Sunday, September 4, 2011

Laboring Over Labor Day Trivia, I Discover That Unions Are The Reason for This Seasonal Holiday: Hold the Politicos, Pass The Ketchup

Peter Maguire
Who is the father of Labor Day? 
Peter McGuire, an Irish-American cabinet maker and pioneer unionist, is considered the Father of the Labor Day holiday, when he proposed a day dedicated to all who labor at a meeting of the Central Labor Union on May 18,1882. Another early labor leader was Samuel Gompers who founded the American Federation of Labor (AF of L).  Matthew Maguire (unrelated to Peter), a machinist and a member of the Knights of Labor, also has a claim on the title. As secretary of the New York City Central Labor Union in 1882, he might have issued the invitation and certainly would have been involved in planning the celebration. 

Why do we celebrate this holiday? 
The roots of Labor Day are in unionism.  It began as a celebration of all of the hard working laborer leading to the fight for fair wages and all of the employee rights enjoyed today.

The first Labor Day parade in Union Square, NYC.

When did Labor Day start? 
In September 1883, New York workers staged a parade up Broadway to Union Square. Few, if any, workers got the day off. Most were warned against marching in the parade with the threat of getting fired. Despite the warning, more than 10,000 workers showed up for the march. Led by mounted police, bricklayers in white aprons paraded with a band playing “Killarney.” When the marchers passed a reviewing stand crowded with Knights of Labor a holiday was born. Twelve years later, on June 28, 1894, President Grover Cleveland, long a foe of organized labor, but under voter pressure, signed a Labor Day holiday bill designating the first Monday in September for the holiday.

How do we celebrate Labor Day?
At one time, Labor Day became the launching pad for Democratic presidential candidates to announce their campaigns. Candidates Harry Truman, Adlai Stevenson, John Kennedy and Lyndon Johnson came to Detroit to jump start their races and woo union support. As big labor’s leaders lost much of their clout with the rank and file, many workers spent the three-day holiday enjoying backyard barbecues, boats and summer cottages: the fruits of their victories. This is how we celebrate today...the holiday is no longer marked by parades and marches for unionism.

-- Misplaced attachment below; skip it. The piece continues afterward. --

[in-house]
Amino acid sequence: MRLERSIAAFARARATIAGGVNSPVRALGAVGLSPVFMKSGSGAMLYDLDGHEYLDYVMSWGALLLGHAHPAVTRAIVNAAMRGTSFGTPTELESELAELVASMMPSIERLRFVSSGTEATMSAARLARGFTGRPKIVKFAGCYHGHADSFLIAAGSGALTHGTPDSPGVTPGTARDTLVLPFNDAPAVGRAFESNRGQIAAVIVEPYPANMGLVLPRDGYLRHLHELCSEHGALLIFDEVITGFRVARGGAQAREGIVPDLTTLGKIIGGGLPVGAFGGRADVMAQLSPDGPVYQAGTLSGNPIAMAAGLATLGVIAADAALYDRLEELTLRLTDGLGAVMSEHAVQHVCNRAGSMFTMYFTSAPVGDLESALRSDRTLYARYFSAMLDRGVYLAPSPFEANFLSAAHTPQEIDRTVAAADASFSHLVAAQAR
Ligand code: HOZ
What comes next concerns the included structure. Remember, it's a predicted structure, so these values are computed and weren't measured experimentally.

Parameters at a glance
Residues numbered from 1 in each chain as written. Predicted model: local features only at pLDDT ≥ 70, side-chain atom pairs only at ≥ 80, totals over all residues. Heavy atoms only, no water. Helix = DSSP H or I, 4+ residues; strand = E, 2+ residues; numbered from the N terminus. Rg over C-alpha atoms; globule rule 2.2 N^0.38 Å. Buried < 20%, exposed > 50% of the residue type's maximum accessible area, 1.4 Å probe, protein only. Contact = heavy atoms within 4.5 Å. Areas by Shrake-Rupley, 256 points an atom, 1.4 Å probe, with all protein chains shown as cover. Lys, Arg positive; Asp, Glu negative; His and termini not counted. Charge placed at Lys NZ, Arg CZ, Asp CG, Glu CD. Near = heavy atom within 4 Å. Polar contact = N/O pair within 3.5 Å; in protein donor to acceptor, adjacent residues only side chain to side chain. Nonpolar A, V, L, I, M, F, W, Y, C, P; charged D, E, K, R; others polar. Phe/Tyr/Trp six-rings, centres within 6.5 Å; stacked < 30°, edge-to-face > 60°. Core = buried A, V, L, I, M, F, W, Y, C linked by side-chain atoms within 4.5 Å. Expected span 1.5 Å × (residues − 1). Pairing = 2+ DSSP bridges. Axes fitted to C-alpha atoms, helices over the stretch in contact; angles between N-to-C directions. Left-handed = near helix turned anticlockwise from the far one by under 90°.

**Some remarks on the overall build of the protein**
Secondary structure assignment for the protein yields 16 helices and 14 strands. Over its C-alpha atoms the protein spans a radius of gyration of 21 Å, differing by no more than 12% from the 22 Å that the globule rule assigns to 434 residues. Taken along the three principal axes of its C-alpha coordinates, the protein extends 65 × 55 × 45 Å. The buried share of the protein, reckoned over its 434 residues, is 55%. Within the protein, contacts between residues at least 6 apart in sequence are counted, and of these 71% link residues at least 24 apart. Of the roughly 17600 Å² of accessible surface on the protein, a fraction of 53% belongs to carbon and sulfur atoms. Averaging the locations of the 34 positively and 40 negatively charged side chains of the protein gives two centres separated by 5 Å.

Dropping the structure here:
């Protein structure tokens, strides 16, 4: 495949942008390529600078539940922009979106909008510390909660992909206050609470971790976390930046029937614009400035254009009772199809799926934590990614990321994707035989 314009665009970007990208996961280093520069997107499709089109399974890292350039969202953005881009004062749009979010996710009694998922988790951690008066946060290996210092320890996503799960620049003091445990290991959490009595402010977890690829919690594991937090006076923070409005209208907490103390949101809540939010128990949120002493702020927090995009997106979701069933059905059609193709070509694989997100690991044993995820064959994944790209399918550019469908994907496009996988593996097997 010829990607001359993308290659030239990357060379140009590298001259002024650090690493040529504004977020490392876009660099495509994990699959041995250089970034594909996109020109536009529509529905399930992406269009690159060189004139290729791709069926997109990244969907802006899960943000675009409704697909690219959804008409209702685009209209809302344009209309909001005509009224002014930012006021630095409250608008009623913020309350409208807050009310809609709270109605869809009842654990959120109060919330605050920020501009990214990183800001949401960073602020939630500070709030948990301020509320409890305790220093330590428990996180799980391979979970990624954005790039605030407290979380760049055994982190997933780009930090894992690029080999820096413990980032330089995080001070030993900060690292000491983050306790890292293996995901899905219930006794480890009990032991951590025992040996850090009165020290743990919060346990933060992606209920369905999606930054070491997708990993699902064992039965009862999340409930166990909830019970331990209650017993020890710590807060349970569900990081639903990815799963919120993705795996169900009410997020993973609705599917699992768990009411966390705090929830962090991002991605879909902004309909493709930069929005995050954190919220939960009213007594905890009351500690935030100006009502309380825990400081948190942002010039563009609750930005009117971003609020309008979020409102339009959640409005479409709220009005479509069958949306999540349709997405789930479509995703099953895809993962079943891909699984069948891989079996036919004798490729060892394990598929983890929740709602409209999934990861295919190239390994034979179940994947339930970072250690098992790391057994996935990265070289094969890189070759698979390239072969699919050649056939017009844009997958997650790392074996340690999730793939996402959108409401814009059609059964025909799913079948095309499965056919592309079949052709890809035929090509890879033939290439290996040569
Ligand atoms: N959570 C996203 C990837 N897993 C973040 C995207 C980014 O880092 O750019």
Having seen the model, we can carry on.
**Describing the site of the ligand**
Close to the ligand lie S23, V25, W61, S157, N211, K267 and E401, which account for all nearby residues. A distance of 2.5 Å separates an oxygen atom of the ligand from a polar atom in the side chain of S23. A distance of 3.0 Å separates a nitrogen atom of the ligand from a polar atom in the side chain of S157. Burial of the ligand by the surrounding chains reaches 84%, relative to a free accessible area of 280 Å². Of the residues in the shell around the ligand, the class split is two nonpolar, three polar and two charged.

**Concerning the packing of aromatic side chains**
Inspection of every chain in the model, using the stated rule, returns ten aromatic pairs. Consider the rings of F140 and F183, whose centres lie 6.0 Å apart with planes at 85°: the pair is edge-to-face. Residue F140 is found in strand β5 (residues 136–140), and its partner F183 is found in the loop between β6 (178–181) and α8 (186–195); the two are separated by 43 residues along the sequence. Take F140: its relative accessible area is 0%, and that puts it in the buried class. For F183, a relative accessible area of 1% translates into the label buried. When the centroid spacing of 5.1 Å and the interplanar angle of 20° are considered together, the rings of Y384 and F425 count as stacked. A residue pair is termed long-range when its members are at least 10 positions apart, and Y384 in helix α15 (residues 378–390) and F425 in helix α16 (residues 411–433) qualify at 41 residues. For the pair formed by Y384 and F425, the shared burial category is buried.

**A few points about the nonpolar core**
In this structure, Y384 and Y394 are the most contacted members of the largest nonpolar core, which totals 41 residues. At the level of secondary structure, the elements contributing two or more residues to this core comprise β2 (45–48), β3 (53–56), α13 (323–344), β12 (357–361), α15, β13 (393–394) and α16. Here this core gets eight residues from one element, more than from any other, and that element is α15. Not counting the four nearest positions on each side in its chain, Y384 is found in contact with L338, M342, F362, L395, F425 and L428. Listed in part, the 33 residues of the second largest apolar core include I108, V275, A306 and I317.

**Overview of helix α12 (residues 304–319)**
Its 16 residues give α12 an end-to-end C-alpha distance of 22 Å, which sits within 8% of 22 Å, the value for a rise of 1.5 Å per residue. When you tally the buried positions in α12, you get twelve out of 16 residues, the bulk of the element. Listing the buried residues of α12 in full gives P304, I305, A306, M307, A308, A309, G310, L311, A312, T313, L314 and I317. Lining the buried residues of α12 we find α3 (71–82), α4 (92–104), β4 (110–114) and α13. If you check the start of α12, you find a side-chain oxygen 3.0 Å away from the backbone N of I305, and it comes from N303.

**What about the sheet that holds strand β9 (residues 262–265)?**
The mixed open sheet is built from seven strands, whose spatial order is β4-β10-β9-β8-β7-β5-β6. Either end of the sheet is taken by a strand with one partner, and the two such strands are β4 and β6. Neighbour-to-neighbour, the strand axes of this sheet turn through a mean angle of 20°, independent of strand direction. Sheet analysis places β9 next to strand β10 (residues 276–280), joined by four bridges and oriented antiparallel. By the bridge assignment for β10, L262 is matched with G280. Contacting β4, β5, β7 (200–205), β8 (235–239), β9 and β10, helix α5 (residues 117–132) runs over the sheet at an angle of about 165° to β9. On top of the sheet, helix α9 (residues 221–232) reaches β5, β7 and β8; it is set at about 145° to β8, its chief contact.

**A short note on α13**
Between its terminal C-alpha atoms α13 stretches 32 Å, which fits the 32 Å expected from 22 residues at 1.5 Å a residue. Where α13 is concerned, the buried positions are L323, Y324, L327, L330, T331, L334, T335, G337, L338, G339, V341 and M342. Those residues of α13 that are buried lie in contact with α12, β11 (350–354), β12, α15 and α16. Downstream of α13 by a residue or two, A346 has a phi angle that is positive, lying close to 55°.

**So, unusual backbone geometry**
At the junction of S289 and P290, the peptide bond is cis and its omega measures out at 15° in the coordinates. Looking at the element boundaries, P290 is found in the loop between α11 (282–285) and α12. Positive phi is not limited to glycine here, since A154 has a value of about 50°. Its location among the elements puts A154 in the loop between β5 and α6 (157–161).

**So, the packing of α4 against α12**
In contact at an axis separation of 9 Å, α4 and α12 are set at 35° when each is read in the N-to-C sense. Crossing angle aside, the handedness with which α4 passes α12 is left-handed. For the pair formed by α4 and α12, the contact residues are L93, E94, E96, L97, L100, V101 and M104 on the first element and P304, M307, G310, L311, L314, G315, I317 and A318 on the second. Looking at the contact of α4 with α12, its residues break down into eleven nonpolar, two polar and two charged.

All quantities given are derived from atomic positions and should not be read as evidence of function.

Haymarket Riots, 1886.
When was the first labor strike in the United States?
It is thought that the first labor strike in America was in 1836 when a group of Maine fishermen refused to work after not getting paid by the owners of their boats. Other contenders are an 1872 strike when Peter McGuire and 100,000 workers hit the streets in the largest incident the nation had ever seen or perhaps the 1886 Haymarket Riots in Chicago.

What we earn:
  • The median annual income for full-time, year-round women workers in 2009 was $36,278 compared to men’s $47,127.1
  • In 2008, of the 33,905,000 dual-career couples, wives earned more than their husbands 26.6% of the time.
  • In 2010, the median weekly earnings of full-time working women was $669, compared to $824 for men.
  • In 2010, the median weekly earnings for women in full-time management, professional, and related occupations was $923, compared to $1,256 for men.